- I can also manage a collection of Observables and Indicators, enrich them with various connectors, create relationships among them, investigate in a graph view, export as STIX bundles, and access them via a GraphQL API
I'll cover my open source report processing workflow in depth in an upcoming article. I'm not a security vendor, so all upcoming work under The Gist or The Finished Product will leverage open sources in some way along with my own research.
Back to the newsletter. I publish with Ghost, which allows me to run a newsletter, blog and website without much more effort than making the content itself. Its editor supports Markdown and all the other features I need. So far I'm quite happy with it!
When I started this newsletter about a year ago, I used Buttondown on their free plan then after a month or so moved to a paid plan. I really enjoyed Buttondown, and it fully supported my use case until I decided to move beyond just an email newsletter with Sources & Methods. Maybe it'll work for you, though.
At production time each month, I start with my Markdown template, gather items from the Next Issue column of the GitHub Project, write a quick introduction, then update the Events section, keeping an eye on CFPs that closed or conferences that already took place. I triple-check and preview the issue, click publish, and Ghost takes care of the rest. I'm one year in and this part still makes me nervous!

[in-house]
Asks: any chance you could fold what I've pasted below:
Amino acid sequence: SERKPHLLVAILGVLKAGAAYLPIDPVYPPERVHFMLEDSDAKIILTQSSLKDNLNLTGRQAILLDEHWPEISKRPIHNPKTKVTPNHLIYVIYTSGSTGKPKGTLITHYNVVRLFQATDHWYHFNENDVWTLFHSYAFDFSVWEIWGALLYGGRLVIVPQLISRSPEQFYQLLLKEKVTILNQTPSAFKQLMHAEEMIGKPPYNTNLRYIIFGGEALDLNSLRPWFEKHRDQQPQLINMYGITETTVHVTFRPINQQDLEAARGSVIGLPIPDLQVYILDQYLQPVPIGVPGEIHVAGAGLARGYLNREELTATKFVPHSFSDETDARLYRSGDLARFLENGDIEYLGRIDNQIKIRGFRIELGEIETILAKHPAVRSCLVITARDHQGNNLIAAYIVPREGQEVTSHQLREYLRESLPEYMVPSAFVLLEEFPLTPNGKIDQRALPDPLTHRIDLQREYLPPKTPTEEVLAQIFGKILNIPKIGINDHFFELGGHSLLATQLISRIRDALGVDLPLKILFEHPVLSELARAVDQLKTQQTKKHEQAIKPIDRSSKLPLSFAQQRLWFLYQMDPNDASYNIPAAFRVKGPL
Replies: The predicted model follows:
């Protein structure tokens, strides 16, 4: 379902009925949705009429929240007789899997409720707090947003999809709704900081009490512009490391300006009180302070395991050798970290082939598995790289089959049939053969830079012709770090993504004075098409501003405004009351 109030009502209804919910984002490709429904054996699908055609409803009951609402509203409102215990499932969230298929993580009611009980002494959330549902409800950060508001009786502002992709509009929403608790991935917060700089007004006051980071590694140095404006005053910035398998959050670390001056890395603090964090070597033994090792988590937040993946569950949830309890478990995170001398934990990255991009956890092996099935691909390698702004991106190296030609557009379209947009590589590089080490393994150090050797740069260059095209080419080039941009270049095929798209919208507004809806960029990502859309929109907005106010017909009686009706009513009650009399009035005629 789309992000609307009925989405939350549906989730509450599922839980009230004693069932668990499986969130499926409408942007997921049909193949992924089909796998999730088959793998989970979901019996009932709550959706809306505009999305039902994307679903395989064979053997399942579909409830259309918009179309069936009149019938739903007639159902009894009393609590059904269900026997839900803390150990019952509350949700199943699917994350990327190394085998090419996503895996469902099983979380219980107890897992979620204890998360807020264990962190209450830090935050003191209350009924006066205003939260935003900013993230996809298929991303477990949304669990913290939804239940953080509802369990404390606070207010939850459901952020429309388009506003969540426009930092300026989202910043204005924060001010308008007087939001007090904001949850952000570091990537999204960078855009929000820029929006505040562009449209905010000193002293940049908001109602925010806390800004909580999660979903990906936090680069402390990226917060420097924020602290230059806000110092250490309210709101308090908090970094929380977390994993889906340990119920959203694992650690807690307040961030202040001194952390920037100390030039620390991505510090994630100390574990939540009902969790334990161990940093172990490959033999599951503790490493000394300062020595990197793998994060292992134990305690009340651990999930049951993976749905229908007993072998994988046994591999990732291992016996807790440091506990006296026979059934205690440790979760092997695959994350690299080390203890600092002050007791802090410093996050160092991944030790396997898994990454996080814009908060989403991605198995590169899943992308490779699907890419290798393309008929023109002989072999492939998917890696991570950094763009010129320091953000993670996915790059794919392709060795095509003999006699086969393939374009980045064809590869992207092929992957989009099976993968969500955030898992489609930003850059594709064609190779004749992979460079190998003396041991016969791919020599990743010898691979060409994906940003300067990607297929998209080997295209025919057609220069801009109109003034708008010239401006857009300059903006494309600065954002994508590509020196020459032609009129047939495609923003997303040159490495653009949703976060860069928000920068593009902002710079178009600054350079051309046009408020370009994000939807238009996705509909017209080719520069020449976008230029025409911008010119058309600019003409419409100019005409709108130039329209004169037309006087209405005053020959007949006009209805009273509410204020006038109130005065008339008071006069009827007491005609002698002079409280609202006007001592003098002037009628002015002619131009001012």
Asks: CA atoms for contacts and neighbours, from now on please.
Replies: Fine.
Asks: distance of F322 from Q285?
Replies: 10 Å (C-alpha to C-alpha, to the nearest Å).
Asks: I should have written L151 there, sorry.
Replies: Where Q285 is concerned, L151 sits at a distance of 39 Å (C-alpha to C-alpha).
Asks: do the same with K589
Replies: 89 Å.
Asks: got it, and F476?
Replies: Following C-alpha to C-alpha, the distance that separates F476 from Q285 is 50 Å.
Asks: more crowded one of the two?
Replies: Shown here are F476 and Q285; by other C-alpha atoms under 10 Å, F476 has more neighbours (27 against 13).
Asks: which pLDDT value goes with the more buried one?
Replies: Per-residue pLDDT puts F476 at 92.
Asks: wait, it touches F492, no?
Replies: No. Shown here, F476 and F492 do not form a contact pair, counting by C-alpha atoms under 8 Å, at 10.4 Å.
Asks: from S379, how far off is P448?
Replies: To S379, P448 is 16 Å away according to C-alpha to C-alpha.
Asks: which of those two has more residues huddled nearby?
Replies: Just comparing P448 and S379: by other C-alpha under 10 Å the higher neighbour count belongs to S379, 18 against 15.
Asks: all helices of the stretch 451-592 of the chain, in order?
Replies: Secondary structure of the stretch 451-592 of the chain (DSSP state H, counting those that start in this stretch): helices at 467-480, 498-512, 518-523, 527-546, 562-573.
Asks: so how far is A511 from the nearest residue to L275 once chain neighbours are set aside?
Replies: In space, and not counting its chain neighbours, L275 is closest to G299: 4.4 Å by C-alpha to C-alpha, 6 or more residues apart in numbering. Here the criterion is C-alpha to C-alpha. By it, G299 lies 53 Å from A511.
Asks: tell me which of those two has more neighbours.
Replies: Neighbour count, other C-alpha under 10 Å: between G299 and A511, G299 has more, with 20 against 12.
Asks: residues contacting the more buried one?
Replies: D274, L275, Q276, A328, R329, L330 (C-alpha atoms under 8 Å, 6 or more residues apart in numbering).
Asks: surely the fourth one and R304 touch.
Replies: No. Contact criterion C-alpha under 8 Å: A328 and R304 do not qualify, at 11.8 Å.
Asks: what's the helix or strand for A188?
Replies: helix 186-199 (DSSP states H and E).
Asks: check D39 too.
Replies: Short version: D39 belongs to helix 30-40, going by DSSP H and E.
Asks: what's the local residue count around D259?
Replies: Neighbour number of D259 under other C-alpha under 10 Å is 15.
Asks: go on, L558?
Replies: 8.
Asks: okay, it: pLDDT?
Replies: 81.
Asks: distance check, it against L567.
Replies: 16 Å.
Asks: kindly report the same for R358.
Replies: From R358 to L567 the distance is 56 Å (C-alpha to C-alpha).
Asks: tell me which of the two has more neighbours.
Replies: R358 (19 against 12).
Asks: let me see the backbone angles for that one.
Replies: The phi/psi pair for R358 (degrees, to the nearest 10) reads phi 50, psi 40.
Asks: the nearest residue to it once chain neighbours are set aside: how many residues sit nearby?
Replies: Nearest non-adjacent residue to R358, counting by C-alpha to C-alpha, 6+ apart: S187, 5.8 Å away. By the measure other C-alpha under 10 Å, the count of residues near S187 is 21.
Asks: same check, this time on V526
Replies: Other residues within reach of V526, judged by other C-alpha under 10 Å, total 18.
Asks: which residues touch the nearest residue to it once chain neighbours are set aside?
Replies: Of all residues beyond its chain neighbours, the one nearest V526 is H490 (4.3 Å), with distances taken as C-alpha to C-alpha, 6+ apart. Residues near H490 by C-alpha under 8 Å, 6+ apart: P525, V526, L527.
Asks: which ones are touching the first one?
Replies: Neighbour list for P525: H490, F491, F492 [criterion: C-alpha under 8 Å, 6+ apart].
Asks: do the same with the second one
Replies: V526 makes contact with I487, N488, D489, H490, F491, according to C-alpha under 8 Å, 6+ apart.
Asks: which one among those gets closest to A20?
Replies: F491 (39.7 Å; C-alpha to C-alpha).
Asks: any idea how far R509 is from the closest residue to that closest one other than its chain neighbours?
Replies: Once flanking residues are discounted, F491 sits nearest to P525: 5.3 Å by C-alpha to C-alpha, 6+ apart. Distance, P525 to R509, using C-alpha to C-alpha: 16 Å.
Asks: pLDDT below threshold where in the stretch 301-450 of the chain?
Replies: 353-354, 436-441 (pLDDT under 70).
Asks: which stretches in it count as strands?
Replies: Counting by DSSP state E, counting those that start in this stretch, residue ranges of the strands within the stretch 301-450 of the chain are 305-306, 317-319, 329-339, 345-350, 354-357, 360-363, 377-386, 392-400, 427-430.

Finally, no good intelligence cycle-esque process is complete without gathering feedback and making changes. This stage is supported by some of Ghost's built-in features like open- and click-tracking, comments, and "More like this"/"Less like this" feedback links automatically at the end of each email.
I supplement Ghost's analytics with the open source and privacy-friendly Plausible Analytics. It helps me understand traffic sources, what topics folks are interested in, which parts of the world readers are based, popular days and times, and the breakdown of desktop versus mobile readers.
I hope you enjoyed this peek behind the scenes of the Sources & Methods monthly newsletter. In the spirit of feedback, please let me know what you think! Are you thinking of starting your own newsletter? Have you tried it before and done it differently? Let me know in the comments and don't forget to subscribe if you haven't yet.